UVC Germicidal effect and inactivation

Is UVC the latest in disinfection? In fact, the effect of UVC light has been known for over 100 years, and it was already described in Denmark in 1903 by the Danish Nobel Prize winner Niels Ryberg Finsen as a method to combat tuberculosis (Lupis vulgaris).

Germicidal effect and inactivation:

Traditional UVC works by penetrating the cells and destroying the hydrogen bonds in DNA and RNA. It has been found that this happens most optimally at a wavelength of around 260 nm. However, this may vary slightly depending on the different pathogens – so a natural light scattering between 240 and 280 nm may be beneficial.

This means that, depending on the individual pathogen structure of RNA and DNA, very different amounts of energy are required to destroy these bonds. Therefore, it is important to know the exact dose needed to destroy the pathogen you want to inactivate. This varies individually, also between the different groups.

There are bacteria that can easily be inactivated with a low dose, for example 20 J/m2, but there are also bacteria that require more than 500 J/m2. The same applies to viruses where the differences can be very large. When it comes to yeast and mould, a dose of up to 10,000 J/m2 may be required.


Deactivation rate:

When working with inactivation of bacteria and viruses, you always look at how large a part of a given colony you can inactivate. This is typically described as the disinfection effect. It is most often calculated as a percentage: 90%, 99%, 99.9% and up to 99.999%. However, the one common factor is that it is impossible to achieve 100% – regardless of whether you use chemicals or UVC light. A part of the population will always survive.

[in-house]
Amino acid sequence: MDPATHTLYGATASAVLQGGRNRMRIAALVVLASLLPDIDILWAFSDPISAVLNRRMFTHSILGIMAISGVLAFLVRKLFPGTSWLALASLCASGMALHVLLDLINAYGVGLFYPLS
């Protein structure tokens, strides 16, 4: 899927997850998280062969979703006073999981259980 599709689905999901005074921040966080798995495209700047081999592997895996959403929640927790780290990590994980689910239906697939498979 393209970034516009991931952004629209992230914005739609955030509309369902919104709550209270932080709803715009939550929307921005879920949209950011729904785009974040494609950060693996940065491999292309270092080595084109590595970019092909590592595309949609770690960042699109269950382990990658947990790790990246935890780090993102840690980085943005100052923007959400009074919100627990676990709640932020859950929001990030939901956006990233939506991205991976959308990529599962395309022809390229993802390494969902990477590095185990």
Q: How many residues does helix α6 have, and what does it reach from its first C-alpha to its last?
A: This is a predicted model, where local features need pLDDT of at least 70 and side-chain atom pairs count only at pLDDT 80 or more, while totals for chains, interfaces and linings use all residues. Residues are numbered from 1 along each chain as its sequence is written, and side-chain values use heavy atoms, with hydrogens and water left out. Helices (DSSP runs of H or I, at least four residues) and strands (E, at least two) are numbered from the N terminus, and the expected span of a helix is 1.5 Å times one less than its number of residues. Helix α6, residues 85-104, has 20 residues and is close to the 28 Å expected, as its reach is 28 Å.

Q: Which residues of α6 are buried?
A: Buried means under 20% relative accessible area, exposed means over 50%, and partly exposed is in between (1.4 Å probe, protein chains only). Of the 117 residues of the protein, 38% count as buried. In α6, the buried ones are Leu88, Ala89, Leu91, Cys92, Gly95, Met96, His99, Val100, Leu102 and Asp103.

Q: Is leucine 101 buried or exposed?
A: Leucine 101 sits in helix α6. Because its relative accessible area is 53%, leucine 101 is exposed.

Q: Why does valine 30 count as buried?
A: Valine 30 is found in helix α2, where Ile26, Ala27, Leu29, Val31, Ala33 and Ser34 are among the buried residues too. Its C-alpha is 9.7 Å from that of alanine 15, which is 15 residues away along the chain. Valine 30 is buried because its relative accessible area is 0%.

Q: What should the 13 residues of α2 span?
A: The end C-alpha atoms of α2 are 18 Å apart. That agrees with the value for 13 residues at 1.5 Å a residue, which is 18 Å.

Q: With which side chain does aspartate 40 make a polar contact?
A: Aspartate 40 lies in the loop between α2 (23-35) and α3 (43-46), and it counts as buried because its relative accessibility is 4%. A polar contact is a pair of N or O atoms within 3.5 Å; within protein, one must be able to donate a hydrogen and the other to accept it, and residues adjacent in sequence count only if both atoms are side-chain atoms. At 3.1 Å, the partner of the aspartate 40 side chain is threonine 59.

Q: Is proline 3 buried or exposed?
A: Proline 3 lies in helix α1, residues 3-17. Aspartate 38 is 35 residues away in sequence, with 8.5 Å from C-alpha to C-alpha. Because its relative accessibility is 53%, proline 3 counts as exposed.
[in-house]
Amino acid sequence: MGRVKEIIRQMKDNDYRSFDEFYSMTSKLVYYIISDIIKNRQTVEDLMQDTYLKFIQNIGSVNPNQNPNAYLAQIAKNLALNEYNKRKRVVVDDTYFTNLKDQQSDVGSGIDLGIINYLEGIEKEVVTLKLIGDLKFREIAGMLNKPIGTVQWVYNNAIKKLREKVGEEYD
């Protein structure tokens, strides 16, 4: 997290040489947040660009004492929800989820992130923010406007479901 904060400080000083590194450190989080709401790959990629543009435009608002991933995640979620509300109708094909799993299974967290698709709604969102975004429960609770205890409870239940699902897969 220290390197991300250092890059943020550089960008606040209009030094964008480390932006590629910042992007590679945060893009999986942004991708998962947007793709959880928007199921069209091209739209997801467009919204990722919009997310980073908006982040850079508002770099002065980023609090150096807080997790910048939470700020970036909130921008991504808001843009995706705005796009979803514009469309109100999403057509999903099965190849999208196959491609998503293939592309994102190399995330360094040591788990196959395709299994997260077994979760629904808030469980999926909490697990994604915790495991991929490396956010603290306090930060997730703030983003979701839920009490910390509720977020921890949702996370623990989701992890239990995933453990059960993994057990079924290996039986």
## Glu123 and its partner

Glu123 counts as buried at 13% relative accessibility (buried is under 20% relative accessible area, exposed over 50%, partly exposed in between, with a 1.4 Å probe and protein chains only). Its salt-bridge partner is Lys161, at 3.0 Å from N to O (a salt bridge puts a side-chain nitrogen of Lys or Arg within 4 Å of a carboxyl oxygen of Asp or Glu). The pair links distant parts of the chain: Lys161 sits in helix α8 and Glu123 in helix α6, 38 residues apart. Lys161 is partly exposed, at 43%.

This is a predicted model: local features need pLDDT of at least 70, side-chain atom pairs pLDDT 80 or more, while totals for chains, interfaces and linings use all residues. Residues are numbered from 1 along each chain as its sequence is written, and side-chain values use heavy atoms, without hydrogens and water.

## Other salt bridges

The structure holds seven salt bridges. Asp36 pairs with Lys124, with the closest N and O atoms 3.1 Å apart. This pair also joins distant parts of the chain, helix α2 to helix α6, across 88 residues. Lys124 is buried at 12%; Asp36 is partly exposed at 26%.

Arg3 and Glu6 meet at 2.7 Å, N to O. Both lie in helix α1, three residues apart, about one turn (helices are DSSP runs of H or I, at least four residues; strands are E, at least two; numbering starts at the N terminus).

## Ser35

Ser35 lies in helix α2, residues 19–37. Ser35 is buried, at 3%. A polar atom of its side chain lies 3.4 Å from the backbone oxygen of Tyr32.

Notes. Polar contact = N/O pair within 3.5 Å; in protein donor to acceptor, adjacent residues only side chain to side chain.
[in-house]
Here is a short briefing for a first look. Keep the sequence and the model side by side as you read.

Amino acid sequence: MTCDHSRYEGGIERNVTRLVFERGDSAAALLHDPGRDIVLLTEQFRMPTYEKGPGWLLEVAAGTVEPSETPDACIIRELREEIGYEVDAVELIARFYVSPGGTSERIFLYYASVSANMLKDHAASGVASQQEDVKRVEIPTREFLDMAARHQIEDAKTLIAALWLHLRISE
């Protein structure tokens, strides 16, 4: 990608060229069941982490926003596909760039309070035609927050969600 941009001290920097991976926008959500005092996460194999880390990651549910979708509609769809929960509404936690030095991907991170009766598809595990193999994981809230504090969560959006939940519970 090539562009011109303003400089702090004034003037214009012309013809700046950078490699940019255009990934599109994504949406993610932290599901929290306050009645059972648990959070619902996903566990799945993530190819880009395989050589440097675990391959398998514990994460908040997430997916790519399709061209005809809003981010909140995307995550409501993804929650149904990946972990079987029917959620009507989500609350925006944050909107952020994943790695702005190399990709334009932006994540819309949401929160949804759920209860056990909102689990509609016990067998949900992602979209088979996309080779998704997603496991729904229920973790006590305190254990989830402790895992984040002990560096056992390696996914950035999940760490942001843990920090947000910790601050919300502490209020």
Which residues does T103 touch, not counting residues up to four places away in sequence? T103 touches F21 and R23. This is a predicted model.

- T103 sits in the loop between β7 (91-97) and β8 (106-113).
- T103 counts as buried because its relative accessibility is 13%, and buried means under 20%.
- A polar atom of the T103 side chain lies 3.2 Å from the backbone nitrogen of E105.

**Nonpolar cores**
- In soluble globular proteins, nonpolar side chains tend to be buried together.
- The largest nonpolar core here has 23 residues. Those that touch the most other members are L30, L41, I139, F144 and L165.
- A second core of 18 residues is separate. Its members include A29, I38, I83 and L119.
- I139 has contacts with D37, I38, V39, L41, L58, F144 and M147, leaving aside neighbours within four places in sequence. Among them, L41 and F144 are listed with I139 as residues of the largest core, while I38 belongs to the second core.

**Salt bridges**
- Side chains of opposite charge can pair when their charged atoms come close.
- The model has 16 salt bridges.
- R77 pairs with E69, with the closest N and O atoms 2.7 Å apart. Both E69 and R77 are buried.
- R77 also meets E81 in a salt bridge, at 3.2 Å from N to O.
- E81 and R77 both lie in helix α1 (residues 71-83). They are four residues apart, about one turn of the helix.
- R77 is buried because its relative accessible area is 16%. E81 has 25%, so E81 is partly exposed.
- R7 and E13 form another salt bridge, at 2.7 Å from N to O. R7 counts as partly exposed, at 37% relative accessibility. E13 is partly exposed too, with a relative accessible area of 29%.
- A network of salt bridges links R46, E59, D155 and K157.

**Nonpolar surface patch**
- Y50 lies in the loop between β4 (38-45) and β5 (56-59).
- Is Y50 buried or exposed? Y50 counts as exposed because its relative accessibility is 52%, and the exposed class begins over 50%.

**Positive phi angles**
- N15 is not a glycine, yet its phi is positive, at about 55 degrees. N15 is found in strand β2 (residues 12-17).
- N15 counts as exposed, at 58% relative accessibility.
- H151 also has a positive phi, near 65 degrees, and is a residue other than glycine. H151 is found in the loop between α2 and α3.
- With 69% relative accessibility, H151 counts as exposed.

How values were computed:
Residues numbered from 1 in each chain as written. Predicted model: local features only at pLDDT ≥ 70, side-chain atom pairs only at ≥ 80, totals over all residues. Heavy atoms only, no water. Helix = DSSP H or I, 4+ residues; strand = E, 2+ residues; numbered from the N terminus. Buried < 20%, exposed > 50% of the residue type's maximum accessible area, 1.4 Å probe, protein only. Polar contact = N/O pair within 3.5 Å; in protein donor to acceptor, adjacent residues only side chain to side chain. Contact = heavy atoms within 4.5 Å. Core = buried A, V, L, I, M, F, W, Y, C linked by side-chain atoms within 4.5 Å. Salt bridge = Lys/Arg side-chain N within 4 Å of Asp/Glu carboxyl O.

Standard figures for the use of UVC are typically calculated at a rate of 90%. The reported dose is the one that achieves a 90% reduction of a population. Typically, if you want to go from 90 to 99%, it requires twice the amount of energy, and the same applies to an increase from 99% to 99.9%. However, you should always examine it specifically for the pathogen you want to reduce, as fluctuations may also occur in this regard.

If you come across products that promise 100% or 99.999% effect/inactivation rate of all pathogens, you should naturally be sceptical. This will require an extremely large amount of energy; as mentioned, there are pathogens that require over 10,000 J/m2 to achieve a 90% reduction.

At the same time, there is a big difference in how the laboratory tests the effect on a pathogen in a clinical solution of clear water – in comparison to how the energy can reach the pathogen in an actual situation in a factory or an office.


This is where your supplier’s experience and qualifications come in

We are always happy to come visit for a non-committal talk and for a control measurement of your UVC system.

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